Here's the thing with your GMAT - could it be higher? Maybe. Only you know the answer to that one. Would it help if it was higher? Sure, always. But is a higher GMAT score your key to *differentiation* from that robust Indian Male demo? Doubtful. Indeed, when we work with Indian Male applicants, we often pay less attention to the GMAT score (as long as it is at least 680 or so - preferably above 700 - but this is true of ALL demos) and far more attention to the diversity of 1) perspective, 2) transferable skills, and 3) program interest.
The first is the most critical: perspective. What parts of the world have you seen, what people have you interacted with, what things have you learned, and is your vision for your life, etc. These are super important in a more crowded demo because it's not just similar names and faces ("class photo diversity" as I call it) that schools are looking to mix, but also experiences and vantage points. Part of the reason that Indian Males get sort of ambushed in the admissions process is because the point of reference is so similar. Often strong family dynamics (usually dating back several generations), lots of non-profit and community activity (usually framed as "NGO" work), high achievement academically in areas of science and technology, client liaison work in a tech capacity, etc. All of these are great and none of them are any sort of "problem," but when a high volume of people share profile elements, it reduces what a b-school class can glean from adding another person with that perspective. So for an Indian Male (and also a White I-Banker or any other highly represented group), it's so important to reach for experiences that differentiate and show you have a really unique way of seeing the world, based on the life you've led. (Just to avoid the elephant in the room, yes, this is where we can provide a lot of help.)
Transferable skills are a similar ball of wax and just as important. You can imagine that if the above is true, then most Indian Male applicants are highlighting the same skill sets as well. (This is when transferable skills are being highlighted at all. I've blogged about this extensively, but SO many applicants miss points for failing to clearly articulate their skills that are transferable to the next job. Indeed, rather than say "I've done X, Y, and Z, people should be thinking in terms of I am excellent at A, B, and C." But I digress.) You want to think carefully about your ST goal, picture what that job calls for, imagine what the recruiter is going to want to say, and then articulate *those* skills in your essays. That will almost automatically diversify you from most in your demo.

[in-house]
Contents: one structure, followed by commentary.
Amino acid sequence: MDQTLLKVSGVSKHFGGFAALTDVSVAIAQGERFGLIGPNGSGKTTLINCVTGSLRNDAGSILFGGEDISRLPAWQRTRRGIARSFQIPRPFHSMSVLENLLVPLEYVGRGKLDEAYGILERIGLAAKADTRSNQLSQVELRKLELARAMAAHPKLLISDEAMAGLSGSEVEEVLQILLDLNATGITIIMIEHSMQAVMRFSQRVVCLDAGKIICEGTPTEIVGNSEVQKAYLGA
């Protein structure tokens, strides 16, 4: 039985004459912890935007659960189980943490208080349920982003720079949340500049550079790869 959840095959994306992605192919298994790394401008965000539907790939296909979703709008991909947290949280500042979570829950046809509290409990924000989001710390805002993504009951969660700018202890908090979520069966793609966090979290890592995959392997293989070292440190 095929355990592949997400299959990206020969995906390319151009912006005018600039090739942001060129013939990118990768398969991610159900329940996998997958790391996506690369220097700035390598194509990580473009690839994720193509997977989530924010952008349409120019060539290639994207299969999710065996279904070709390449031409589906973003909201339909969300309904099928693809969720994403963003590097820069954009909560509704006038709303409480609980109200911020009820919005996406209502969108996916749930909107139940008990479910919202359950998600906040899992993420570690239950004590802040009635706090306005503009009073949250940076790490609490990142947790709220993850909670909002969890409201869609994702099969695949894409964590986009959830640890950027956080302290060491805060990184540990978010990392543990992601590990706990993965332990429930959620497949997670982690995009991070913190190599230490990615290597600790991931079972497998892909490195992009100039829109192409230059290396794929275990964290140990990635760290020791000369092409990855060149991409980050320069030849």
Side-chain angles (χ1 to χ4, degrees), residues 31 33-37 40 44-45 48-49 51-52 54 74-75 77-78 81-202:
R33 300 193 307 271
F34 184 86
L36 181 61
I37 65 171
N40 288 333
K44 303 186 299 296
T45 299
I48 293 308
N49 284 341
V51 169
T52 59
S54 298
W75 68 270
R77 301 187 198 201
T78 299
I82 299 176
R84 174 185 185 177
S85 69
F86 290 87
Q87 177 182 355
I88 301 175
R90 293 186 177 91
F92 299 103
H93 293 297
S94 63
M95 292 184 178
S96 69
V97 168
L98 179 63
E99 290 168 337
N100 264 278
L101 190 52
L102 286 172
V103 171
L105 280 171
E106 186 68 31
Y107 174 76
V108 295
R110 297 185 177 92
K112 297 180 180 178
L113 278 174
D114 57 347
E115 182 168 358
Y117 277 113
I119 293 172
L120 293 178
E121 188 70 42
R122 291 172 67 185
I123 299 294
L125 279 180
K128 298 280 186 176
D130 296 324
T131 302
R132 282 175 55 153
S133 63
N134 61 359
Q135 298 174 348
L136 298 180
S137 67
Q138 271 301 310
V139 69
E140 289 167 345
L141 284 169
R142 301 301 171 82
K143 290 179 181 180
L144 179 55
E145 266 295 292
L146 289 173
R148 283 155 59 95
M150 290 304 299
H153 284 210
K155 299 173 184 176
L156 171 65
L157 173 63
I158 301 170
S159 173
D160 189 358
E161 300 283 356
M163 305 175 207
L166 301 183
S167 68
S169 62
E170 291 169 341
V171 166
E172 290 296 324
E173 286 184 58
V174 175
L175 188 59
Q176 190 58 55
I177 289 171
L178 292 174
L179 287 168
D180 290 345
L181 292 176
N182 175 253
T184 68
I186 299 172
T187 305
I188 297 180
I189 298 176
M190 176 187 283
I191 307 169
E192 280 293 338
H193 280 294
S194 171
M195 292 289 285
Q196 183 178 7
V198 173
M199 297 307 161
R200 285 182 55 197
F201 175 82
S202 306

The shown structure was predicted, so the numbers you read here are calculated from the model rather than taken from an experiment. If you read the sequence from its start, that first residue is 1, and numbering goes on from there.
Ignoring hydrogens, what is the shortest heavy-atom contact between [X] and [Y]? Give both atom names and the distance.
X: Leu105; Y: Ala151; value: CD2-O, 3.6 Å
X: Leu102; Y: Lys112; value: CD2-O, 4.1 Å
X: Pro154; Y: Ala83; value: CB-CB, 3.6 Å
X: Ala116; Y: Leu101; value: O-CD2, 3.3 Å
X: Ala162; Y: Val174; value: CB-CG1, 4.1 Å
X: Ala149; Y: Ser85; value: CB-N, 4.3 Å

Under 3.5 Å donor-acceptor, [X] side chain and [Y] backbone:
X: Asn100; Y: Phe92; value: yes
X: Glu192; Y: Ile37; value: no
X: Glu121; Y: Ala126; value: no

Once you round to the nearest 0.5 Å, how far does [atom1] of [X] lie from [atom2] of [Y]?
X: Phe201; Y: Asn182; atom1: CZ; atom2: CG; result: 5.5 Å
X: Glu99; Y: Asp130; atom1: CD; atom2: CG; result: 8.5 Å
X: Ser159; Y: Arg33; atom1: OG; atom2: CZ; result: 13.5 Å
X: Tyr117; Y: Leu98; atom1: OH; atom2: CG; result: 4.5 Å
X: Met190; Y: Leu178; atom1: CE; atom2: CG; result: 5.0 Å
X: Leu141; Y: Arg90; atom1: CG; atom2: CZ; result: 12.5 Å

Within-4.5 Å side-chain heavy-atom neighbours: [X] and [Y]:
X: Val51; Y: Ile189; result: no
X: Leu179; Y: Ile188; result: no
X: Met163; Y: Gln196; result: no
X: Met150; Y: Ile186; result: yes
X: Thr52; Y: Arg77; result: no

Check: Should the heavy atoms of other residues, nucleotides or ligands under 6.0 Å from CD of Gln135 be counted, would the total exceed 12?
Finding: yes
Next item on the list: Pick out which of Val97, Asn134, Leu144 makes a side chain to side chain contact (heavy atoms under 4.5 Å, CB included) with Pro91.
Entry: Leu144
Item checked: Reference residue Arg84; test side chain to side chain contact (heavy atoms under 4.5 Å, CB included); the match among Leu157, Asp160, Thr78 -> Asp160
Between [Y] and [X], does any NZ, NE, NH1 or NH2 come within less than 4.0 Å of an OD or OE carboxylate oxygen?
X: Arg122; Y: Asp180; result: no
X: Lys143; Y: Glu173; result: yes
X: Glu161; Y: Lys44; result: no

Finally, you want to diversify your program interest. Get away from the popular programs and clubs and the brochure literature and dive into areas of true passion. Figure out what makes a school tick and drill down to its DNA. I always say that there are four levels of "school fit" articulation and there is a clear hierarchy to what you can achieve. Level 1 (worst) is aimless, one-size-fits-all stuff that could apply to any school (obviously). Level 2 is what the school markets itself to be (this is the bare minimum standard to hit). Level 3 is what the school actually is (much better), and Level 4 is what the school perceives itself to be (best of all). If you can tap into the fourth level, you will FOR SURE diversity your school fit arguments from 99% of the other applicants from ANY demo.
Anyway, I got a little excited there, but that is how you migrate away from this huge flock of similar applicants and become something more exotic. From the "bones" of your application (the stuff you listed in your profile), you seem to have what it takes. It's just going to be about constructing a great narrative and bringing it home. We're here for that, obviously, if you want to engage one of our consultants, but one way or another, that will be the challenge at hand.
Good luck out there.